Balloon Powered Car Instructions

    by Jeffrey Brian Airman

    About the Author

    Jeffrey Brian Airman is a writer, musician and food blogger. A 15-year veteran of the restaurant industry, Airman has used his experience to cover food, restaurants, cooking and do-it-yourself projects. Airman also studied nursing at San Diego State University.


    You can make a balloon-powered car using a few items that you may already have around the house. Be creative and make a lightweight, stylish racer. Then challenge your friends to build a customized car of their own and set up a balloon-car raceway.


    Four matching pieces of almost anything lightweight and round will work as wheels for your balloon-powered car. You could use ping pong balls, plastic cup bottoms, toys wheels, empty spools of thread or even old compact discs that you no longer listen to. For the axles, use two identical, lightweight, rigid items such as rounded chop sticks or straightened paper clips. Slide three 2-inch cut pieces of plastic drinking straw onto the middle of each axle and hold them loosely to assure that the axles will spin smoothly inside. Connect each pair of wheels to the axles. Test roll each set of wheels to ensure that they roll straight, making any needed alignment adjustments.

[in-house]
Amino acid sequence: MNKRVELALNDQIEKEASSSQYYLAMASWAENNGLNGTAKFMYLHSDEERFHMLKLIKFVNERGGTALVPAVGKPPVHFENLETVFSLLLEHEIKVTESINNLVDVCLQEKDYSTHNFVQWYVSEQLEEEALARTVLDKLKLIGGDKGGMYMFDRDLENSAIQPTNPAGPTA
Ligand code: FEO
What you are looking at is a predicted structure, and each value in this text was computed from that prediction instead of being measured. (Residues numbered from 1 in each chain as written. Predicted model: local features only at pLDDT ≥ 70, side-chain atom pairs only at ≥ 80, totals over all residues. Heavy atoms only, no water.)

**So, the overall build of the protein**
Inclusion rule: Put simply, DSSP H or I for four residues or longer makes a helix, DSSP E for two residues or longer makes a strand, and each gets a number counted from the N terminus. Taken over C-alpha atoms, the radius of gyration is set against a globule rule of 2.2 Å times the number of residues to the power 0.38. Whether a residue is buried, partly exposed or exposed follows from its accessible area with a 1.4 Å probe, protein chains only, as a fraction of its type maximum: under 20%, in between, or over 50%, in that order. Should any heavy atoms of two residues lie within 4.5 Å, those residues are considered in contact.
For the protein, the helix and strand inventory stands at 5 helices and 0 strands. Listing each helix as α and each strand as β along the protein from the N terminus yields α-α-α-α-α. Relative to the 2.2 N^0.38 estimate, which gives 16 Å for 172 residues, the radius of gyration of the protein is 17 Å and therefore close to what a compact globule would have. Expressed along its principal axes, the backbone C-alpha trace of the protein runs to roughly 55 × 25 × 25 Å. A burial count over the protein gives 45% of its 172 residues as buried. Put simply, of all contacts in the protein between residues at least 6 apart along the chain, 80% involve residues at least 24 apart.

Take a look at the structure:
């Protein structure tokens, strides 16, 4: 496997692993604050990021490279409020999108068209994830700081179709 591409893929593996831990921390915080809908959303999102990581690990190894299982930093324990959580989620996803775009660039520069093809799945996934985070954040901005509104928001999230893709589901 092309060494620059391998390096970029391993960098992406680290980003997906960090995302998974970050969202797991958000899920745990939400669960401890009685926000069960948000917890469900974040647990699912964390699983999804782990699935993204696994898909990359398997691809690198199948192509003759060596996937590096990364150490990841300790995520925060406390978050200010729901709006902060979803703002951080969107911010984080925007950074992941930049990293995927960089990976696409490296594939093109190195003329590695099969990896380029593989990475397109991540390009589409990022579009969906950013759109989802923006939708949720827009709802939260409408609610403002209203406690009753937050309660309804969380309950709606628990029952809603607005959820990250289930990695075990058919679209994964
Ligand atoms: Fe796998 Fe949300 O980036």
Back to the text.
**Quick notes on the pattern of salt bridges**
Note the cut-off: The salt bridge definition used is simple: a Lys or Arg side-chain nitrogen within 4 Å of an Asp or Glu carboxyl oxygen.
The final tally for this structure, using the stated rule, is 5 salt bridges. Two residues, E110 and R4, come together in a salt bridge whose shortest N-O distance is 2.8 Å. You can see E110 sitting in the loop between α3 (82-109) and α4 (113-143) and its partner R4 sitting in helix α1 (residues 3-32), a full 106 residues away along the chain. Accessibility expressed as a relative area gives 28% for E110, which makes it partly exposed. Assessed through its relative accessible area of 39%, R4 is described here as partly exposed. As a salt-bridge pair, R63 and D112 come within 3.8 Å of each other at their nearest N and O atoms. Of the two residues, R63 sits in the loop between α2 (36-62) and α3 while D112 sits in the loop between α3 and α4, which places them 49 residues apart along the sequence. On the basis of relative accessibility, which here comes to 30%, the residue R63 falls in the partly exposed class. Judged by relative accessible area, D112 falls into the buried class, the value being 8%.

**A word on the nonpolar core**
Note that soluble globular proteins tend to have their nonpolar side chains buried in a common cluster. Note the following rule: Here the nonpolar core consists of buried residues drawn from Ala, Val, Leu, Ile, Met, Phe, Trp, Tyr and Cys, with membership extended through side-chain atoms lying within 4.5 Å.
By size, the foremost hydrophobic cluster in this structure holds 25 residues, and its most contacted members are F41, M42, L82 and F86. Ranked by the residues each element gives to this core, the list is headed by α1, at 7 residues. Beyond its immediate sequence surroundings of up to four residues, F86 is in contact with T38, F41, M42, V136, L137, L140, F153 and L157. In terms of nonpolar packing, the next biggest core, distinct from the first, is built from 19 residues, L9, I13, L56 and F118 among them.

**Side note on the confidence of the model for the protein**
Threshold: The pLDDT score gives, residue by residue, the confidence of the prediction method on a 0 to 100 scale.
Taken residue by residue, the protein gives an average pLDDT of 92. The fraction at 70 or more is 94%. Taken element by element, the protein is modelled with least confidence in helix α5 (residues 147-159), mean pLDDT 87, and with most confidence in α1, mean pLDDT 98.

A balloon with a well-directed exhaust nozzle will give your car the power to move. Use a high-quality round balloon rated for use with helium. These thicker balloons last longer and inflate to many times their original size, so they hold more air than novelty balloons. Blow up a balloon and deflate it a few times. This will stretch it out and make it easier to blow up once the nozzle is attached. Insert a 3-inch cut length of plastic drinking straw halfway into the balloon and tape it securely to form an airtight seal. Test the seal by blowing up the balloon again and covering the open end of the straw with a finger while listening for air leaks.


    Find a body for your balloon-powered car that is lightweight and will fit over the inflated balloon. A large clear-plastic top from a carry-out salad will work. Use hot or super glue to attach the three straw segments on the axles to the closed side of the lid. Be careful not to get any glue inside the straw and onto the axle. When the glue has dried, use tape to secure the nozzle of your balloon to the open side of the lid, so that the nozzle points out from the back of the car. Test the car by blowing up the balloon and releasing the car on a flat surface. Adjust and re-tape the nozzle if the vehicle isn't going straight.